Awkward and lanky! Those are just a couple words to describe the cheetah cubs in Tanganyika’s nursery. Affectionately called bobble heads by the keepers, these cubs are the 10th and 11th litters for Tanganyika’s breeding program.
“Cheetahs are notoriously tricky to breed but Tanganyika is joining the ranks of successful programs across the zoo industry like Fossil Rim Wildlife Park and Wildlife Safari in Oregon.” says Chief of Connections LynnLee Schmidt. “Our program is still brand new in comparison to some of these historic programs and already we’ve had 11 litters, much of that success can be attributed to our ability to dedicate a large off-exhibit area for cheetah breeding.”
But Why Breed Cheetahs?
Cheetahs have disappeared from 91% of their range and there are only 7,100 of them left. They find themselves in direct conflict with humans both competing for space, food, and seen as a threat to livestock. There are two different types of conservation efforts.
- In situ conservation – Tanganyika partners with Cheetah Botswana and Action of Cheetahs in Kenya. Both of these organizations work in different parts of Africa to preserve cheetah in their native habitats.
- Ex situ conservation – Tanganyika and other zoos across the world maintain a population of cheetah in human care. This population acts like an insurance population and could be used to bolster wild populations in the future.
“Only about 5% of wild cheetah cubs that are born make it to adulthood. Many are killed by larger more powerful predators, and others are taken and sold into the pet trade. This is why each cub that is born here at Tanganyika is so very important for the survival of the species” says Keeper Karen.
When cheetahs are first born at Tanganyika they stay with their moms for the first 10 days. After that Tanganyika’s skilled nursery staff takes over for mom, this helps to ensure cub survival and improve their confidence and resilience in human care. While each cub is unique just like us humans they do have milestones that we watch for them to reach.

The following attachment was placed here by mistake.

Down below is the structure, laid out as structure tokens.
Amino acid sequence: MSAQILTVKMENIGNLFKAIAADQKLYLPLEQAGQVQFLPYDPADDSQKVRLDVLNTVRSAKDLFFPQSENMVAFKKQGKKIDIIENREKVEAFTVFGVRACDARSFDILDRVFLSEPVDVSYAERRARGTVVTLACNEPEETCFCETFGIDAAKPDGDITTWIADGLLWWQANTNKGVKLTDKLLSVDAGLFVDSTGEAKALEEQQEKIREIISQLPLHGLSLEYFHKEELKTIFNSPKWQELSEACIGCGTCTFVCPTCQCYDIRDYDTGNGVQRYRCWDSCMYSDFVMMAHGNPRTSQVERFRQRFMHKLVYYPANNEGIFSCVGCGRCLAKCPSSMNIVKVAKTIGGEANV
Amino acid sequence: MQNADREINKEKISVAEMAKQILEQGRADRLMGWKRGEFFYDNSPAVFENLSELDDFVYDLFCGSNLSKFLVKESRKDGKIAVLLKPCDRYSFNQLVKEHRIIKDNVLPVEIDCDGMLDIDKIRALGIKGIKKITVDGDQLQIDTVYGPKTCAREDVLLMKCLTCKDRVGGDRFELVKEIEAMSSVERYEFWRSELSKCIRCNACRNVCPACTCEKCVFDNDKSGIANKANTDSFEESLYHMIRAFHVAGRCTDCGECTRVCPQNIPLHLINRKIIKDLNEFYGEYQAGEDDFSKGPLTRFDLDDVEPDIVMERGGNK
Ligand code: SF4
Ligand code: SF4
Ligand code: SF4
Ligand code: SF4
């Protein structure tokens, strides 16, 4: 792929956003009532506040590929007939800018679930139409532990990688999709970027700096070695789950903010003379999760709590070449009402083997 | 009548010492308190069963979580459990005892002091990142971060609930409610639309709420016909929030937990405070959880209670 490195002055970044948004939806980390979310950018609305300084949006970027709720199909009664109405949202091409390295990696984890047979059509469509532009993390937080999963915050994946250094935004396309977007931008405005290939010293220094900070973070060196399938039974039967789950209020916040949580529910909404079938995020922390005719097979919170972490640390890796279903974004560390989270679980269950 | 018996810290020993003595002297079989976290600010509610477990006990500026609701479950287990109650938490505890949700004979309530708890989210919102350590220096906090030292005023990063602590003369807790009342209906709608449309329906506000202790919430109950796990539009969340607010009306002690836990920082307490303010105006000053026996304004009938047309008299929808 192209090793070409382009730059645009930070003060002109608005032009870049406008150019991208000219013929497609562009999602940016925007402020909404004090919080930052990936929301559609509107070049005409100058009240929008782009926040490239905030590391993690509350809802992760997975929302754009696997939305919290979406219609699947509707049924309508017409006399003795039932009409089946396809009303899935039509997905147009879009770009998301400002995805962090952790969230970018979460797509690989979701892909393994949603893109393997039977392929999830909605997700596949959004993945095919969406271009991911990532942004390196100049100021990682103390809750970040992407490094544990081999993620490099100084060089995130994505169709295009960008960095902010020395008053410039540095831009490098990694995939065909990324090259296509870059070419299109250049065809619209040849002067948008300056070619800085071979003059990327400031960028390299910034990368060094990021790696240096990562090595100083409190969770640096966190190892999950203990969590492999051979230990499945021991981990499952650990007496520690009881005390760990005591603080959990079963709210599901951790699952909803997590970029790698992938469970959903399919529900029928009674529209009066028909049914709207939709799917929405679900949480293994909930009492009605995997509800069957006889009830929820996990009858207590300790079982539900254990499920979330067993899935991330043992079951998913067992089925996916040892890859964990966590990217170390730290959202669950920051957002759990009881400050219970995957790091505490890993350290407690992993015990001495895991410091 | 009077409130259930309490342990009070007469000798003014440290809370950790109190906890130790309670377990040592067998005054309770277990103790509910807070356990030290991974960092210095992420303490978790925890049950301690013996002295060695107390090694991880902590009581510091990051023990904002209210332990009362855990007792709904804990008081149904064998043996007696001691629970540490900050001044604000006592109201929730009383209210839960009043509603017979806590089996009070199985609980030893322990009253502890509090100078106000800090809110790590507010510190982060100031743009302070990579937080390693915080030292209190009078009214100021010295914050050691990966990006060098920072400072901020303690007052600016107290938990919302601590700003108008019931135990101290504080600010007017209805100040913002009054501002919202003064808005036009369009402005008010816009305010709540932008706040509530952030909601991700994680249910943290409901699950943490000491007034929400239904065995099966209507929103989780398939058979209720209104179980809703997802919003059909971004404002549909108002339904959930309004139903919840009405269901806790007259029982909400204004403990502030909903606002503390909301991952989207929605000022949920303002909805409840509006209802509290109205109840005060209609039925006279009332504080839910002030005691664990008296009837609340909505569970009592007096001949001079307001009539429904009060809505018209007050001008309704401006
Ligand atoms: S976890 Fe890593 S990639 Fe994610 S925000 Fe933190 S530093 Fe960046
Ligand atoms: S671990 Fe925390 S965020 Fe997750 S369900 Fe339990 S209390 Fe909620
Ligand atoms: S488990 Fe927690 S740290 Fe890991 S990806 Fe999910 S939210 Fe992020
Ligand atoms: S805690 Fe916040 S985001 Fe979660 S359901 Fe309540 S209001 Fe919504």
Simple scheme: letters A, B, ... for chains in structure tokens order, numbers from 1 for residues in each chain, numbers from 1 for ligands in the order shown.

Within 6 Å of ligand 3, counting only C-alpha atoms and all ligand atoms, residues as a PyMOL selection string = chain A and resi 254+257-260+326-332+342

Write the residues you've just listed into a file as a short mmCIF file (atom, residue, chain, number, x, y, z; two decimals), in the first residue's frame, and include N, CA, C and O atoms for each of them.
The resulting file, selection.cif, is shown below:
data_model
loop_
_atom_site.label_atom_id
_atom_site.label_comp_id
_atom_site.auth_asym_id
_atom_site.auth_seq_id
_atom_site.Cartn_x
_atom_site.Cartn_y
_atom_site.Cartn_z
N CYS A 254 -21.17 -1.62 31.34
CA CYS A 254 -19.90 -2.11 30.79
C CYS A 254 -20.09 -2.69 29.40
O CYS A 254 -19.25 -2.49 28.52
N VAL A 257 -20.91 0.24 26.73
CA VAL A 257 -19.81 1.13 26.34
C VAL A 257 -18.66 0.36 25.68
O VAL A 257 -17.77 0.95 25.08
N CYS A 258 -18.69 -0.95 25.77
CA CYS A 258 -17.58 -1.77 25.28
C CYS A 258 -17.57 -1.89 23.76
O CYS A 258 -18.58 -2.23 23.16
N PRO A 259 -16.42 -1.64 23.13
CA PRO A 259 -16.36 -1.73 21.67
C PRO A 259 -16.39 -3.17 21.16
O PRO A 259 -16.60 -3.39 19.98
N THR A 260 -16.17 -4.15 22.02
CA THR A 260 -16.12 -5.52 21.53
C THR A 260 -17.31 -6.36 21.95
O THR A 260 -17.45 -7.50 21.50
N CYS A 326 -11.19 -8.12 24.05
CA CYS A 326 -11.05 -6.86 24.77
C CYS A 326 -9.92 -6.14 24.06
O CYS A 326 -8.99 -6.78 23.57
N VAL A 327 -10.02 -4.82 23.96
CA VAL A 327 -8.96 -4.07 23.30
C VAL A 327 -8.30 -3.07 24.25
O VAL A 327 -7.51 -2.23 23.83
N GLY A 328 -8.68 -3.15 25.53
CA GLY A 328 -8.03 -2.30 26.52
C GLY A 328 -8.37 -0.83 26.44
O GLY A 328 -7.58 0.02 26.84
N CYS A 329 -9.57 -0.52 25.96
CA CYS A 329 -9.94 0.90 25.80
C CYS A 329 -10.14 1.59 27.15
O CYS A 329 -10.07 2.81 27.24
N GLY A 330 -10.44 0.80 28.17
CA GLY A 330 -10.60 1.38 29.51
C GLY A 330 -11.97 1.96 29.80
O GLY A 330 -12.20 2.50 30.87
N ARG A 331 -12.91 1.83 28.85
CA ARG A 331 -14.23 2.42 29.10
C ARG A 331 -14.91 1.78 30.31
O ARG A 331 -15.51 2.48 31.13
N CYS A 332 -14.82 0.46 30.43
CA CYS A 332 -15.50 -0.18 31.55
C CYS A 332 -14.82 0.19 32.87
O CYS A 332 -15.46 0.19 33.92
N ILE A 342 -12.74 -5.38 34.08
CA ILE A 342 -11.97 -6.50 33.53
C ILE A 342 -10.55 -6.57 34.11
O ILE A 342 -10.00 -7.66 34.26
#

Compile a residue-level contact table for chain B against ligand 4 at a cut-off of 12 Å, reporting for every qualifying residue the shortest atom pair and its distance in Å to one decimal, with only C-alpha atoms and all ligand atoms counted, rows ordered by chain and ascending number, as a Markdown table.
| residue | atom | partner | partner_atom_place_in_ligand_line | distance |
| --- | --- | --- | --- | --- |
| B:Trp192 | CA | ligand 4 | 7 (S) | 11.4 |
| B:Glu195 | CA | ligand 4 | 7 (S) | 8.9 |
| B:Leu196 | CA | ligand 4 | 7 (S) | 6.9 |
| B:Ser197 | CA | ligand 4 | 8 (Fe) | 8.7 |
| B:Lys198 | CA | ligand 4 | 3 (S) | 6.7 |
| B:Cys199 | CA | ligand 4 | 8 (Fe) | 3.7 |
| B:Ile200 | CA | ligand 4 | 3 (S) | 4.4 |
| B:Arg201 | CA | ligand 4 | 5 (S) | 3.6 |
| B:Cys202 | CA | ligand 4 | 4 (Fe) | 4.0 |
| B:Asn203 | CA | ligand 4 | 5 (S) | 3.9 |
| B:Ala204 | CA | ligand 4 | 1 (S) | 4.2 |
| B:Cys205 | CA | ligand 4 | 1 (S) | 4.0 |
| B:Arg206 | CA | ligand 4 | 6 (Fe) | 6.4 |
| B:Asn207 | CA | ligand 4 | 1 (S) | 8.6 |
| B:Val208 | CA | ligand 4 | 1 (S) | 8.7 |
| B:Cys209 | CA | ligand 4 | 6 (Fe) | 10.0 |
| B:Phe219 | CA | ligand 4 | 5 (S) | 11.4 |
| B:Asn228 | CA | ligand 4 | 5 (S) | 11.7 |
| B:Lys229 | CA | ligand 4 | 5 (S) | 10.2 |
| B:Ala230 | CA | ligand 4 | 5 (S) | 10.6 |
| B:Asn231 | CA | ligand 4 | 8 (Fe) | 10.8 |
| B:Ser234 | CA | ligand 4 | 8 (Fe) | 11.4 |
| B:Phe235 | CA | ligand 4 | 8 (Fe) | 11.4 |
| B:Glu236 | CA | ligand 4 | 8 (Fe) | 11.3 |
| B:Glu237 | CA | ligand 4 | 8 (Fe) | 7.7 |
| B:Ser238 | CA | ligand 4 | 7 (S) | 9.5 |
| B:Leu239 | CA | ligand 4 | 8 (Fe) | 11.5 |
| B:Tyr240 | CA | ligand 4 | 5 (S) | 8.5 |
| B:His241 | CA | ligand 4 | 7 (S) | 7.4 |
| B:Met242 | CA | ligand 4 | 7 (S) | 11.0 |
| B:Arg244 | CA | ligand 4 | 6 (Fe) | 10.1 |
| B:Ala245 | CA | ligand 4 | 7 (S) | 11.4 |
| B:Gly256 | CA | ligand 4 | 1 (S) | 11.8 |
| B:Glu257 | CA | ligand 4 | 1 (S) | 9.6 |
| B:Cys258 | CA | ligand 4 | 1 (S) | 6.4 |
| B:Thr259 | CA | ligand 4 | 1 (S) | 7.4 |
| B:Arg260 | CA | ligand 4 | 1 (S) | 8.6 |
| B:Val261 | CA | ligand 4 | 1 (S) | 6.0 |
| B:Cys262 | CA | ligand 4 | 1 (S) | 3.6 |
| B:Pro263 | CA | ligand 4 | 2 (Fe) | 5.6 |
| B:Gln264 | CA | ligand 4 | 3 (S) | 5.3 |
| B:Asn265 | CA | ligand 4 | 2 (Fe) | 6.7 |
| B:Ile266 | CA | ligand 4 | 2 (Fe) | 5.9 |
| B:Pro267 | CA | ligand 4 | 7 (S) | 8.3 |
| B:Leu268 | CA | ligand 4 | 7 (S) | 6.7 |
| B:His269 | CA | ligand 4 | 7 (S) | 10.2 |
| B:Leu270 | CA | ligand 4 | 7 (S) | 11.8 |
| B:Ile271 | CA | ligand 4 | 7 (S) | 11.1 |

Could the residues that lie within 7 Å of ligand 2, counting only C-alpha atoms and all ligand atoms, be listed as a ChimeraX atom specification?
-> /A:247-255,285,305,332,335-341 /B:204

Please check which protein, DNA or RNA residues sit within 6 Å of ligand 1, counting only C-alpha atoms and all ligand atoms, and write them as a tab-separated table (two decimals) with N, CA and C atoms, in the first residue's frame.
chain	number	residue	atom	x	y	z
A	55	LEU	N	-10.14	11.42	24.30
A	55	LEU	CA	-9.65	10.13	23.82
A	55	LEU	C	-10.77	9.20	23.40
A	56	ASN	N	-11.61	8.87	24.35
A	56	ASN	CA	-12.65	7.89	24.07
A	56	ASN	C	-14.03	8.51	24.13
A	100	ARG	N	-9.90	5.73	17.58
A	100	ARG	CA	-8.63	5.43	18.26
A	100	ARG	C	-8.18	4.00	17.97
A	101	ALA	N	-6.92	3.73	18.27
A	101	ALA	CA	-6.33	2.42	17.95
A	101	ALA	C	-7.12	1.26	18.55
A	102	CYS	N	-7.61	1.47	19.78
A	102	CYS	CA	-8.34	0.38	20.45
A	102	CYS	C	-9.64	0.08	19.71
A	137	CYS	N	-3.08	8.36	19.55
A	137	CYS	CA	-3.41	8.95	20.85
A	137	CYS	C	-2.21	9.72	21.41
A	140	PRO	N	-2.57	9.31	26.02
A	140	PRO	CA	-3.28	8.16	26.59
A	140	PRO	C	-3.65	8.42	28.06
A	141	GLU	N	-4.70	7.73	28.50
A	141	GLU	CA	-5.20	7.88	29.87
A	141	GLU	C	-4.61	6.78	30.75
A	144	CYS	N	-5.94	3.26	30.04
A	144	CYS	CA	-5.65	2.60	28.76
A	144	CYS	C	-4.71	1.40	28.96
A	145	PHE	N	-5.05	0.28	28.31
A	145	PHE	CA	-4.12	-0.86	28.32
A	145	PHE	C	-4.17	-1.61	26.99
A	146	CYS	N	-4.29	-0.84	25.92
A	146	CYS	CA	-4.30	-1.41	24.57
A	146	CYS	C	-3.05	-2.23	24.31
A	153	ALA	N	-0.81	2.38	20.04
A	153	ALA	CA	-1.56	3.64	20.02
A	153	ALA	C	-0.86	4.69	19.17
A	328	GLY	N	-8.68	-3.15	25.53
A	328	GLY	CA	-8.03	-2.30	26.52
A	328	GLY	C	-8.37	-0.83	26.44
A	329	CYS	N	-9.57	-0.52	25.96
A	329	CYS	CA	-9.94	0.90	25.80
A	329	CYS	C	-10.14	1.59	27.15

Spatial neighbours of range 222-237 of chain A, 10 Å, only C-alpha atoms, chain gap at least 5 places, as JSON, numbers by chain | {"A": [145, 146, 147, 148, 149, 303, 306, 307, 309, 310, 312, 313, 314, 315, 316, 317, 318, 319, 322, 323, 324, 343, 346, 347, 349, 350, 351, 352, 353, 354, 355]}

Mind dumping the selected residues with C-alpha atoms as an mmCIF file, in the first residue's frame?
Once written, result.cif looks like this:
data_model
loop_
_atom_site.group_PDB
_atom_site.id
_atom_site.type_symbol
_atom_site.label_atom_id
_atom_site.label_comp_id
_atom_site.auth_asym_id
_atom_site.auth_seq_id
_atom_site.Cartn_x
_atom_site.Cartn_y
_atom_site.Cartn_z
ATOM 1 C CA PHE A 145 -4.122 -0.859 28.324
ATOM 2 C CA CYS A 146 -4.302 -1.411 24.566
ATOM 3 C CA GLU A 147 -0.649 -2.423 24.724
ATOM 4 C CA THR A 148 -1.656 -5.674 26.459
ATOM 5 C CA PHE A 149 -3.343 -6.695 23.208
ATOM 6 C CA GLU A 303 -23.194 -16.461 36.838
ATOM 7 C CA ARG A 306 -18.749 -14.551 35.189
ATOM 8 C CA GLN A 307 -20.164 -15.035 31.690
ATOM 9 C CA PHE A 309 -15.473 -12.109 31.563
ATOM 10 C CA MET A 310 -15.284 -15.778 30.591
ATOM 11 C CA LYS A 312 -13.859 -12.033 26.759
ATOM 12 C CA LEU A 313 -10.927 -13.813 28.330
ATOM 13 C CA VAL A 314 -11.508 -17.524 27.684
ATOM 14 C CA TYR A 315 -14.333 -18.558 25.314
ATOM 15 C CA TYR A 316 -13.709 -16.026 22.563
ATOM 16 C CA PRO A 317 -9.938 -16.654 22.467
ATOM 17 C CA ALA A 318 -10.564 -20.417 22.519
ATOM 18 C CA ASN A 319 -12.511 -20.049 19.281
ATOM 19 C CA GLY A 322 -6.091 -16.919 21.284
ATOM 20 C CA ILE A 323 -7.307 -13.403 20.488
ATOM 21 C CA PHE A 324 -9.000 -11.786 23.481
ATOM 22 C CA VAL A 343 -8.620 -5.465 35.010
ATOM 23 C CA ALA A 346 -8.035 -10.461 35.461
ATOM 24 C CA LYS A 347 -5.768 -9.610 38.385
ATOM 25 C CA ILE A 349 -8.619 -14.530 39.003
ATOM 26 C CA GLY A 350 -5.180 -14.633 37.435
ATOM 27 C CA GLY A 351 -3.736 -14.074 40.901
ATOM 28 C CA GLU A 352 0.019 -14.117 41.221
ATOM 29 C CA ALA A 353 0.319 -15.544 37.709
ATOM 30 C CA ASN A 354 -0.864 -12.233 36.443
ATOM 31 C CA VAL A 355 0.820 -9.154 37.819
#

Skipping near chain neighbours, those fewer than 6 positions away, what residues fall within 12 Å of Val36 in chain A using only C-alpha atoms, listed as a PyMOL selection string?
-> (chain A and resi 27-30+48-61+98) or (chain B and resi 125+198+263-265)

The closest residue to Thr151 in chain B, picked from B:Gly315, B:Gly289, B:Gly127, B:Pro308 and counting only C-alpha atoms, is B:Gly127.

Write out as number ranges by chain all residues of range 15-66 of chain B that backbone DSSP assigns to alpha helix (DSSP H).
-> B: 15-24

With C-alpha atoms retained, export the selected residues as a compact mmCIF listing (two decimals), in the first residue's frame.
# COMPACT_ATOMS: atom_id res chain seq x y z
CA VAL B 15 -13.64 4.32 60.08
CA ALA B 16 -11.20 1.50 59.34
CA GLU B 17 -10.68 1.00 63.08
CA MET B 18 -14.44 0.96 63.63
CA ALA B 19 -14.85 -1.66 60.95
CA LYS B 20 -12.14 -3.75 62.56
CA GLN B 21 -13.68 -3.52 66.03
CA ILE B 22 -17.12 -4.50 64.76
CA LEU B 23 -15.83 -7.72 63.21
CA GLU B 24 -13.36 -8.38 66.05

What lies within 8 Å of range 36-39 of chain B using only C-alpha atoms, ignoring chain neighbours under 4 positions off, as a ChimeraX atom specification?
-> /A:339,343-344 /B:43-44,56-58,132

Day 1 -Baby cheetahs are left with their mother for natural care. Our keepers interfere as little as possible for the first 24 hours as it is very important that they get colostrum from their mothers.
Days 7-10 – Open their eyes but don’t see much more than movement, light, and dark! Weigh between 300-1,000g.
Day 30 – Begin learning how to use their legs and stumble/walk around their pen.
Day 35-42 – Start eating a bit of meat along with their bottles.
Day 45 – Start running program to help with bone development and build their muscles and strength!
Day 56 – No longer using a bottle! Eating meat with milk mixed in out of a bowl.
Day 90-120 – Temperatures permitting – Begin spending time outdoors and moved into the yard by snow leopard exhibit.
How Can You Help?
Love cheetahs as much as we do? There are many ways to help!
- Donate to organizations like Cheetah Botswana and Action for Cheetahs Kenya.
- Support facilities like Tanganyika that are working on ex situ conservation projects.
- Tell your friends and family about cheetahs. The more people who love them the more likely they are to be saved.
- Take care of the wild places in your backyard by reducing your use of single use plastics and caring for wildlife here in United States.
Be sure to peek into the nursery windows next time you visit Tanganyika to see any cubs we might have at the moment!